Community-based Learning

Community-based Learning2019-08-07T19:29:32-04:00

Community-based learning is a pedagogical approach that intentionally links what is being taught in the classroom to the surrounding communities.

Community-based Learning is grounded in mutual respect and the belief that all communities have educational assets and resources that can enhance learning experiences for students. While the specific form that CBL takes varies across courses, it is characterized by: sustained, extensive work outside the classroom; meaningful student reflection; significant integration of community perspective; and alignment between community and classroom learning.

Benefits of Community-based Learning:

  • Integrate or synthesize classroom and community work in a way that demonstrates understanding of course concepts and awareness of the complexity of community issues.
  • Communicate – both orally and in written form – with audiences from diverse social, economic, ethnic, and professional backgrounds.
  • Support the community’s ability to develop its assets and address its self-identified concerns.
  • Reflect on their experiences in the community in order to assess their personal and academic development and commitment to civic engagement.


  • ANT 307/SPA 240 Feminist Ethnography/Spanish Advanced Conversation presented ethnographic interview data from interviews with the local Hispanic population to Centro Latino.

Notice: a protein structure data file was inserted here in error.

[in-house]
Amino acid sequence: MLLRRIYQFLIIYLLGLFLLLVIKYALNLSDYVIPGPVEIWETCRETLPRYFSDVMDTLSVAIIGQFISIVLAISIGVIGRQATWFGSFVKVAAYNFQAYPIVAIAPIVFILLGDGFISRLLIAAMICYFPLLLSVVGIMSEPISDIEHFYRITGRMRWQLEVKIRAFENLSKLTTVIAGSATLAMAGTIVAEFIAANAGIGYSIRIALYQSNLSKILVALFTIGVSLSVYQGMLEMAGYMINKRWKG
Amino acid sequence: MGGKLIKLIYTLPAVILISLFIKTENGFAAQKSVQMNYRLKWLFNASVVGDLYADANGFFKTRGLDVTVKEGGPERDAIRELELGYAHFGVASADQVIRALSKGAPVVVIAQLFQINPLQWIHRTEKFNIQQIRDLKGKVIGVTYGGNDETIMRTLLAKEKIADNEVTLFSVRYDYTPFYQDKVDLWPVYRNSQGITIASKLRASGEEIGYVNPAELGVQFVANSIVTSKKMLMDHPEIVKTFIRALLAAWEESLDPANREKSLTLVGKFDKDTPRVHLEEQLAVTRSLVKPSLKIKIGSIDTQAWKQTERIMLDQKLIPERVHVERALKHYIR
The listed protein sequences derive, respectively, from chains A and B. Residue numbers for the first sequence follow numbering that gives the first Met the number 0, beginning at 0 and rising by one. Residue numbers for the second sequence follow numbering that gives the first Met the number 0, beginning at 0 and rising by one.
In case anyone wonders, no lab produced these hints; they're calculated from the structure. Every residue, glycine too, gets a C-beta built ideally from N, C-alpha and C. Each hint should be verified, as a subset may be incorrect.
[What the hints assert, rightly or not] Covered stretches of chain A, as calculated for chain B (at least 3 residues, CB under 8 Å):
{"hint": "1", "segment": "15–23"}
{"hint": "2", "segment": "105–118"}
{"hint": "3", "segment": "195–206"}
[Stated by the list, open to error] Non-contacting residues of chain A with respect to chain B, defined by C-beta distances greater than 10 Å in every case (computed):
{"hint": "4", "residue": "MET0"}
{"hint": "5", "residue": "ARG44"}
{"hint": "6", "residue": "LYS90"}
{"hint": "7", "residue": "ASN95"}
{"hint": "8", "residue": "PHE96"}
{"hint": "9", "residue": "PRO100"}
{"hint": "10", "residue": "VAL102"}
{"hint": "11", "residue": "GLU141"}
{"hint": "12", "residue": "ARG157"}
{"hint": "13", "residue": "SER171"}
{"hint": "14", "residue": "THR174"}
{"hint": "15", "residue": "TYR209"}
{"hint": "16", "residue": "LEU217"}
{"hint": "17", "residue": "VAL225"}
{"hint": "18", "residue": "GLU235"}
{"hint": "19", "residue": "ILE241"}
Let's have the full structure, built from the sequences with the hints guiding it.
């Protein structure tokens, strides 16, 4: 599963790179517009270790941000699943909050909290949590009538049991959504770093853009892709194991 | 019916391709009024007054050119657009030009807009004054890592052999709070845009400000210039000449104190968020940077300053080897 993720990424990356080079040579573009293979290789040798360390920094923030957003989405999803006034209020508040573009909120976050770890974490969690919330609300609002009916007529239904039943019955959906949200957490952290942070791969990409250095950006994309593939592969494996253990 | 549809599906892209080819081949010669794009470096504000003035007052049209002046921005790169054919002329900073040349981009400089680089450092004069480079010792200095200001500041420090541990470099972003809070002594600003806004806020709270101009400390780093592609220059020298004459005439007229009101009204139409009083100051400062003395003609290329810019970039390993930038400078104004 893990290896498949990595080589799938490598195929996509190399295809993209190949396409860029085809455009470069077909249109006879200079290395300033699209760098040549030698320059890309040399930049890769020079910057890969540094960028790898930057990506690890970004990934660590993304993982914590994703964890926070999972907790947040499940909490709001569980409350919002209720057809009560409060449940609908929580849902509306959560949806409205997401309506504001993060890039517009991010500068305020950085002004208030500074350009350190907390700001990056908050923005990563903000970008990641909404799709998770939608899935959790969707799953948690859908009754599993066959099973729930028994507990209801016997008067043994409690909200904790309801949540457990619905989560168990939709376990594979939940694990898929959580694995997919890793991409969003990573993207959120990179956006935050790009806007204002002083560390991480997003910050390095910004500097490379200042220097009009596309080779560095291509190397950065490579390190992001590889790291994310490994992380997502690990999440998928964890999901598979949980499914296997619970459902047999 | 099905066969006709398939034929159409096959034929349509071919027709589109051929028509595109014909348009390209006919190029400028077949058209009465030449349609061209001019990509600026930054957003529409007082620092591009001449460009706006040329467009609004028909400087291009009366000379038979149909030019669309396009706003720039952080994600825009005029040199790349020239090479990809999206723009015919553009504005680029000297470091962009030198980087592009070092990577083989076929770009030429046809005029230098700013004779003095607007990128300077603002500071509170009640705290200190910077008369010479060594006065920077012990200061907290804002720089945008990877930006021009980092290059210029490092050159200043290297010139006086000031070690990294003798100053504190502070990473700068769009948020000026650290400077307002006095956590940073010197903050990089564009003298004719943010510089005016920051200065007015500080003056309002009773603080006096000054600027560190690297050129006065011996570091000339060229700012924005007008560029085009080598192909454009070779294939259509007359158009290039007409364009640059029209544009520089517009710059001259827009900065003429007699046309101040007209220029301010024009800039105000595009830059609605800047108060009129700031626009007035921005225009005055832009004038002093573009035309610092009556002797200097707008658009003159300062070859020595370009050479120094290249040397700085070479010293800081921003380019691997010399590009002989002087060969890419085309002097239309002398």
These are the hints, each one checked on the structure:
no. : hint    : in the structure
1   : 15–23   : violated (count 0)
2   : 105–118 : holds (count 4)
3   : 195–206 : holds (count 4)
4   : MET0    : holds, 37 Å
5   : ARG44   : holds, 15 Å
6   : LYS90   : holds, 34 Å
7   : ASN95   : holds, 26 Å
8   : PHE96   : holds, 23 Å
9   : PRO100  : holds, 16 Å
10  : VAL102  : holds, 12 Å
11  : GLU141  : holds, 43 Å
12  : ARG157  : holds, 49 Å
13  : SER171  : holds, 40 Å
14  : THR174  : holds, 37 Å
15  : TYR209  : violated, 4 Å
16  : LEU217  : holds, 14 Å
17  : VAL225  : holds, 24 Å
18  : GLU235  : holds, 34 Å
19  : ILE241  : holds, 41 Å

• BIO 375 Conservation Biology assisted Shaker Village of Pleasant Hill with their historic prairie restoration project by reintroducing endangered native species to the area.

  • ECO 352 Policy Analysis in Our Community partnered with Ephraim McDowell Community Relations to study five important issues that affect our community’s health and productivity.

  • EDU 226 Technology and Education partnered with Shaker Village of Pleasant Hill to develop educational materials for visitors.
  • EDU 295 Global Perspectives on Education partnered with Kentucky Refugee Ministries in Lexington to create tools for teaching English as second language to refugees resettled in Lexington.
  • HIS 351 African Kingdoms and Colonial Empires worked to organize the restoration of the African American Cemetery in Danville.
  • PSY 325 Child Abnormal Psychology placed students in Wilderness Trace Child Development Center, The Salvation Army, and Boyle County High School to observe and interact with children at all stages of development.
  • SPA 220 Intermediate Spanish II and SPA 240 Conversation partnered with Centro Latino, Mercer County Adult Education Center, Mercer-Boyle Head Start, Mercer and Boyle County schools for tutoring and ESL services.